To close the loop_Working man

To close the loop, existing business models need to be questioned

Interview with Brigitte Mouligneau, Transition Manager Circular Economy


“Circular economy is of fundamental importance for the future. Circular Flanders translates the ambitions of our region into specific actions. We are looking at six working agendas: circular construction, the bioeconomy, circular chemistry and plastics, the manufacturing industry, food chain and water cycles.”

To  Companies, midfield organisations and knowledge institutions combine their knowledge, expertise and commitment to tackle the bottlenecks related to circular entrepreneurship and production. Major steps will be taken in the coming years to close sustainable cycles via the node and inspirer, Circular Flanders.

Brigitte Mouligneau

Brigitte Mouligneau, Circular Flanders

Welcome to the world's largest chemical cluster

“Our region has a lot to offer. Not only are we the frontrunner in terms of chemistry, we’ve also come a long way in circular construction. Two aspects will receive extra attention in the coming years: how to maximise the reuse of materials from demolished buildings, how to recycle high-quality materials, and how to ensure that buildings last longer and can change their function more easily. Certainly the latter requires a different understanding of how we develop and design buildings. Companies such as Facadeclick, which developed a fast-build system for seamless circular façades, or Juunoo, which creates circular partition walls with which office buildings can be quickly divided differently, are good examples of this.”

Flanders is home to one of the largest chemical clusters in the world. Brigitte Mouligneau:

“Currently, chemistry still mainly works with primary raw materials, but more and more work is being done on high-quality recycling, a second life of raw materials and how these materials can then be reused in the manufacturing industry.

Our Flemish research centres, such as the universities and VITO, have an important role to play in this sector, investigating which recyclates are suitable for safe reuse and how we can reprocess them. For this, close cooperation with foreign companies is essential: we can recycle the raw materials and bring them back into the economy via an international sales market.”

Flanders has a lot to offer in terms of circular economy.

Circular Economy

Challenge current business models

“Reuse and high-quality recycling are also high on the agenda in the manufacturing industry. We will focus on two sectors in the coming years: textiles and electronics. Producing, maintaining and recycling high-quality textiles can ensure the re-emergence of a strong textile industry in Flanders. Good ecodesign, a longer life span and recoverability could also close the loop there.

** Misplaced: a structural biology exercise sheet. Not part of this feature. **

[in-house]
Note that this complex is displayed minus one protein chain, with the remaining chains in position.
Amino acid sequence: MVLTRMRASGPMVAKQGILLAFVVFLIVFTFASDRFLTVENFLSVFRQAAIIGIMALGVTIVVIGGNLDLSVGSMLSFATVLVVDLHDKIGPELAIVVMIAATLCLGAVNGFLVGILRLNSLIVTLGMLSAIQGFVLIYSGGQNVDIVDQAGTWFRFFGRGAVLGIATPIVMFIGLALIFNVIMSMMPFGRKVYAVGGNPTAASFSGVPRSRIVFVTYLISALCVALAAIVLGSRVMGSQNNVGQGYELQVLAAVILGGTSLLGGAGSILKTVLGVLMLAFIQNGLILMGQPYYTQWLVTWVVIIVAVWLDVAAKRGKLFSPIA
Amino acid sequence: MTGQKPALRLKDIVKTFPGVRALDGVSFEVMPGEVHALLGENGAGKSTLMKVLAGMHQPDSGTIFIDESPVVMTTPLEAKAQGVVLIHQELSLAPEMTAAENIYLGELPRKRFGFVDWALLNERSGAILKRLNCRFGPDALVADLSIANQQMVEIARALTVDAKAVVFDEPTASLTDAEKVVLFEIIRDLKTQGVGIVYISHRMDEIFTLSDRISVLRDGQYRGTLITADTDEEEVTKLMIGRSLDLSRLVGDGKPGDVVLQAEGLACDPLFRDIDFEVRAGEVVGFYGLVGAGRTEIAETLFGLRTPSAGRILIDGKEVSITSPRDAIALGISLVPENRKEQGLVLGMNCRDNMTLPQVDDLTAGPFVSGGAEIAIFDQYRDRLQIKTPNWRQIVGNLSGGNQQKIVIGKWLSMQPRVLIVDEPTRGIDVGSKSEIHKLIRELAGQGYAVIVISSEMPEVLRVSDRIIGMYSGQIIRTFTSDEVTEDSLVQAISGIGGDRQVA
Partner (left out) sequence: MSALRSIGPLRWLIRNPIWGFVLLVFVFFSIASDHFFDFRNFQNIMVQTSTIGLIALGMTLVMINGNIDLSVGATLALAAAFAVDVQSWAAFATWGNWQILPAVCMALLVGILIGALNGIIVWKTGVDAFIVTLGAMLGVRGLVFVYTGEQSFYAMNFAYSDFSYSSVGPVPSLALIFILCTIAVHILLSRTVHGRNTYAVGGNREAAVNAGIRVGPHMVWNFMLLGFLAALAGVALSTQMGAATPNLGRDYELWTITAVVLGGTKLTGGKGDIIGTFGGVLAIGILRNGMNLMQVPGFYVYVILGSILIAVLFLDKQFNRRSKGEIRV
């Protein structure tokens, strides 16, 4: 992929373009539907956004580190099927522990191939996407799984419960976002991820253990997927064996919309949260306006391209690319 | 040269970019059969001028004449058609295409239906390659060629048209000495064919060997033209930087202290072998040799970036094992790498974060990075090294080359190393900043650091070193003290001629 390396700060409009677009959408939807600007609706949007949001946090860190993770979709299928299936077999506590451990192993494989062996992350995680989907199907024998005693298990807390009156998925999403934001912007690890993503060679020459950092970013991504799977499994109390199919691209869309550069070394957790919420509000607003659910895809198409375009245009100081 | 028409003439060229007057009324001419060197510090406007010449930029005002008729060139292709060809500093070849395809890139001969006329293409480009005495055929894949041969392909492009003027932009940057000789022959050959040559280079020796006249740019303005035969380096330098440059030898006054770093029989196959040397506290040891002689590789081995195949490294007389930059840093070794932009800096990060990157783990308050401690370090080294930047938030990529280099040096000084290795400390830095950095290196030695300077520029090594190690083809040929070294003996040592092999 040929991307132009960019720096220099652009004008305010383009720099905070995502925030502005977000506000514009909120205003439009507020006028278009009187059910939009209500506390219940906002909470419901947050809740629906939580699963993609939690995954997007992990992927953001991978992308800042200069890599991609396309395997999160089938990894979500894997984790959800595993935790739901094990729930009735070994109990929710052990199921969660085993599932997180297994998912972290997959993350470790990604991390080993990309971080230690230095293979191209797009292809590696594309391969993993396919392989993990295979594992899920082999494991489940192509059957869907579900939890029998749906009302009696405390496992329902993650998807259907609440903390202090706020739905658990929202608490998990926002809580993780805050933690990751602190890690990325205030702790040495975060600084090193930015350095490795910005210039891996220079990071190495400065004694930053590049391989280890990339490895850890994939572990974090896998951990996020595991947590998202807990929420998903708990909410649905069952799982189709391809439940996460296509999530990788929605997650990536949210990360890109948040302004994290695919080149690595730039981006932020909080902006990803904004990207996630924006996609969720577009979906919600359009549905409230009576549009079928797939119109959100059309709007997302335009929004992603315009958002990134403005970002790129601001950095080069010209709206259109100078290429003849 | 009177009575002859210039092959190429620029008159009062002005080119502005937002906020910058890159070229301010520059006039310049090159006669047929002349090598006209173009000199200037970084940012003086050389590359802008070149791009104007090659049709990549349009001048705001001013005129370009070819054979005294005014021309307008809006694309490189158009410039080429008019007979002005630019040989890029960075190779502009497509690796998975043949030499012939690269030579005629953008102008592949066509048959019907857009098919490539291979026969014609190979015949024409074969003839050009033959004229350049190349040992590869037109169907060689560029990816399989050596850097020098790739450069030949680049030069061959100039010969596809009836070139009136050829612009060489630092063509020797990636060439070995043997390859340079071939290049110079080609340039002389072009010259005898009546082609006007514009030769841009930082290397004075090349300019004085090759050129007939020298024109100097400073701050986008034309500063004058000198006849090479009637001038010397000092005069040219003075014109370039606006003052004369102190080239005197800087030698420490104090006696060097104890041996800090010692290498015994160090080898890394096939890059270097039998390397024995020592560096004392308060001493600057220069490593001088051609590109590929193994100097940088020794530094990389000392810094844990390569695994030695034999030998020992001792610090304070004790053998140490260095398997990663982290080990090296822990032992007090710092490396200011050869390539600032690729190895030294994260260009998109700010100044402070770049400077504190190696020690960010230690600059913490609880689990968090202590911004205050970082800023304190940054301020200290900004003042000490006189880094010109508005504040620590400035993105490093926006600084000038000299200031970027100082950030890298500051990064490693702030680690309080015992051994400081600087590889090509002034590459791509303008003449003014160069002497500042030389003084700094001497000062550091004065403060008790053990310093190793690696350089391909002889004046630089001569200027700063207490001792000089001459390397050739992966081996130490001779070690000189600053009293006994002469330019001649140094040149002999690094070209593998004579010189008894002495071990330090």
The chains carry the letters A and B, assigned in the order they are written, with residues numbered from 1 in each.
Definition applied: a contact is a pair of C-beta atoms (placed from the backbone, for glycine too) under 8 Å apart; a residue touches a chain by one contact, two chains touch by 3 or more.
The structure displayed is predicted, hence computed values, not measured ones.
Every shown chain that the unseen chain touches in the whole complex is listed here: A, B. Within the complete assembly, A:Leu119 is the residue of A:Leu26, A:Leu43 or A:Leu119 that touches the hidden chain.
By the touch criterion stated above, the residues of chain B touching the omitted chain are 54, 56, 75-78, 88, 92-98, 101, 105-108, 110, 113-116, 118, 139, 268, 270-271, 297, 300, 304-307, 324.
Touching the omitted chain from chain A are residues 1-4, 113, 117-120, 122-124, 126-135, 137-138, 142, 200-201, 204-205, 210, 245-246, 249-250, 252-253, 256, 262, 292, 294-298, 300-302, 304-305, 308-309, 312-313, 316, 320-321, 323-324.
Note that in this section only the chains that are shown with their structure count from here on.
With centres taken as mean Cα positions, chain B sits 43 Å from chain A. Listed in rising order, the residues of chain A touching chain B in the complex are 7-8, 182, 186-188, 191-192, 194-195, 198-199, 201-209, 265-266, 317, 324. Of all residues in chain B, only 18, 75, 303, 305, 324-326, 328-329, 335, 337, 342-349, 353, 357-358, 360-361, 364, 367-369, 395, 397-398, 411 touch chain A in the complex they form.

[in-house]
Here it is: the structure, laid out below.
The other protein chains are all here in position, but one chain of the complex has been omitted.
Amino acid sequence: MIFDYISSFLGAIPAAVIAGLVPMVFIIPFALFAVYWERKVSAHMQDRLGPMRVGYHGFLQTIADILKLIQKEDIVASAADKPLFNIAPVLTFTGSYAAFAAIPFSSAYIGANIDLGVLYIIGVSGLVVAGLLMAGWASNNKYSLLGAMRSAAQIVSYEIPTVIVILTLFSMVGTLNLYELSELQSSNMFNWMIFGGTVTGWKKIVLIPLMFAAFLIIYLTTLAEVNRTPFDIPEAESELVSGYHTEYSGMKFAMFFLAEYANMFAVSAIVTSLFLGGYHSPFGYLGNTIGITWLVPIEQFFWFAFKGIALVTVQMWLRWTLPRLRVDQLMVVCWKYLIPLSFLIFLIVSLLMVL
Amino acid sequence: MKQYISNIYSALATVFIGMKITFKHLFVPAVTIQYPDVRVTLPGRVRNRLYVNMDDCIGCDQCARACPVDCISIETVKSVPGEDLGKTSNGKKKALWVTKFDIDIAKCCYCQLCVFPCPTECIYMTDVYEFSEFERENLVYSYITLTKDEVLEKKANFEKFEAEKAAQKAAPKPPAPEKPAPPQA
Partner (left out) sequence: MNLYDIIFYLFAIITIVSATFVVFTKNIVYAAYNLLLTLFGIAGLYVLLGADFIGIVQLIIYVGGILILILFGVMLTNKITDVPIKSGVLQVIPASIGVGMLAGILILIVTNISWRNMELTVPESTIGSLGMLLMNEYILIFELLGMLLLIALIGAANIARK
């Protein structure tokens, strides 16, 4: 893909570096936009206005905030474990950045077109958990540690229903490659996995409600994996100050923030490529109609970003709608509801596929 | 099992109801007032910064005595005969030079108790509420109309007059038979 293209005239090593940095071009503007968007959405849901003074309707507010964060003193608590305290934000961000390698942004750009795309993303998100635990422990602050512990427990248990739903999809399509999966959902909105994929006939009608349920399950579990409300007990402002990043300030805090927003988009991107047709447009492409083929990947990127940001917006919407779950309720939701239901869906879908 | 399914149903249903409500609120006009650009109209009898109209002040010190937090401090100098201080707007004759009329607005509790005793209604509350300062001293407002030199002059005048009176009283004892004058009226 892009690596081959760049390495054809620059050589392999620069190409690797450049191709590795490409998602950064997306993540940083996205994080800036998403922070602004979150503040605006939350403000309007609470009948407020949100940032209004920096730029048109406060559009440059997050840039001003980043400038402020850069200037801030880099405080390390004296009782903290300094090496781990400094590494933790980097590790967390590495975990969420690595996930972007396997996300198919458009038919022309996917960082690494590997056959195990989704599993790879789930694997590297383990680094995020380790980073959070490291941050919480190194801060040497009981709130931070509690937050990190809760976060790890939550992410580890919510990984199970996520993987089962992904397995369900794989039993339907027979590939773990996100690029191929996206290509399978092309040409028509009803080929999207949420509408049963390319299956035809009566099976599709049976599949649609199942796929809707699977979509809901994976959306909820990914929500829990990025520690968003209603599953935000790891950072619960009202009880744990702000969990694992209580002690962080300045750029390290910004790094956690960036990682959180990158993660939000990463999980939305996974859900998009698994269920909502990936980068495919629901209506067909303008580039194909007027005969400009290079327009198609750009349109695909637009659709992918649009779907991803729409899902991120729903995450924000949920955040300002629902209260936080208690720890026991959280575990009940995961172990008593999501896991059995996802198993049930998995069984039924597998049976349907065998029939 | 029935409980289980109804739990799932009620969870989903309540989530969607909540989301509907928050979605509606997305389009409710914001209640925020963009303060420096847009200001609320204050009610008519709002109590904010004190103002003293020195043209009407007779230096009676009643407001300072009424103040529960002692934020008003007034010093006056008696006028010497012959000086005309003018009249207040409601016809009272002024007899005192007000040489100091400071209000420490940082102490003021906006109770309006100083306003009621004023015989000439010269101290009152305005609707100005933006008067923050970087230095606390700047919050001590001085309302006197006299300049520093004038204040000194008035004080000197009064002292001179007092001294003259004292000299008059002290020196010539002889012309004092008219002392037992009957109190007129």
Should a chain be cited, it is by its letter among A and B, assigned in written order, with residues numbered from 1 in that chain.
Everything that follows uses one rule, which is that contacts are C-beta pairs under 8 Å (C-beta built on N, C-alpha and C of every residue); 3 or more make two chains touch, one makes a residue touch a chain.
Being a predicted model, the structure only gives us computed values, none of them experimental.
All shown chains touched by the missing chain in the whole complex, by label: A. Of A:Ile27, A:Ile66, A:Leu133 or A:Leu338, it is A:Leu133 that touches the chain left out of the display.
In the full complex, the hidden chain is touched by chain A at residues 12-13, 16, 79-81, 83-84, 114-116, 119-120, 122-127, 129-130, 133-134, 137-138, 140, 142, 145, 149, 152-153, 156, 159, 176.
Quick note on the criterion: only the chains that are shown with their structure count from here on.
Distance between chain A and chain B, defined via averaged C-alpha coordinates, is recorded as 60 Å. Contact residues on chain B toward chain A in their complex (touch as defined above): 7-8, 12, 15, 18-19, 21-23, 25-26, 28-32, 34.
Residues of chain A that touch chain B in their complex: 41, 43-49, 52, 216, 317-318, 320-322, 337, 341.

We should not only look at the products themselves, but also question the current business models. Can a product be repaired? Or does the manufacturer ensure that the consumer has to buy a new product? We are already doing well here in Belgium, and there are still many opportunities in a lot of sectors. Think about batteries: how can we design them better, make them last longer or use them for other projects and give them a second life.

Speaking of this second life, the second-hand shops in our country are a unique concept. There we buy and sell used clothes, electrical goods, furniture and other items that are still in good condition, and you can also go to some of those stores for household electronics repairs. In this way, we ensure that people, through the social economy develop skills that are important in a circular economy.

To truly design and produce in a circular way, we need support from Europe. We must pursue product standardisation and ecodesign. The right to repair is extremely important. This requires a legal framework, across national borders, soon.”

Food waste as raw material for the construction sector

“Our food production must be more sustainable, with the short chain as standard. Are the current business models still sustainable? Can we use the parts of the food we don’t eat in a different way? Consider maize: the small cobs require a giant plant. Can’t we use those stems for anything else? Or hemp, which has a highly insulating function. That can offer opportunities to build more sustainably.

In the coming years, Flanders is investing a great deal in the bioeconomy. Demand for sustainable products is rising, especially in the construction sector. The research is ongoing at the moment, we need to test these results further in practice. The Scientific and Technical Centre for the Construction Industry (WTCB) and VITO play an important role in this.

The water cycle also deserves attention. Take a look at our breweries, for example: should we be cleaning the plants on the outside with potable water? Or can we use purified water? We also want to close water cycles for the construction sector, so that drainage water, for example, goes to a good destination and does not just flow away into the sewer system. We can also appeal to strong partners such as Aquafin and Waterl’eau for this.”

We can use the parts of the food we don't eat in a different way.


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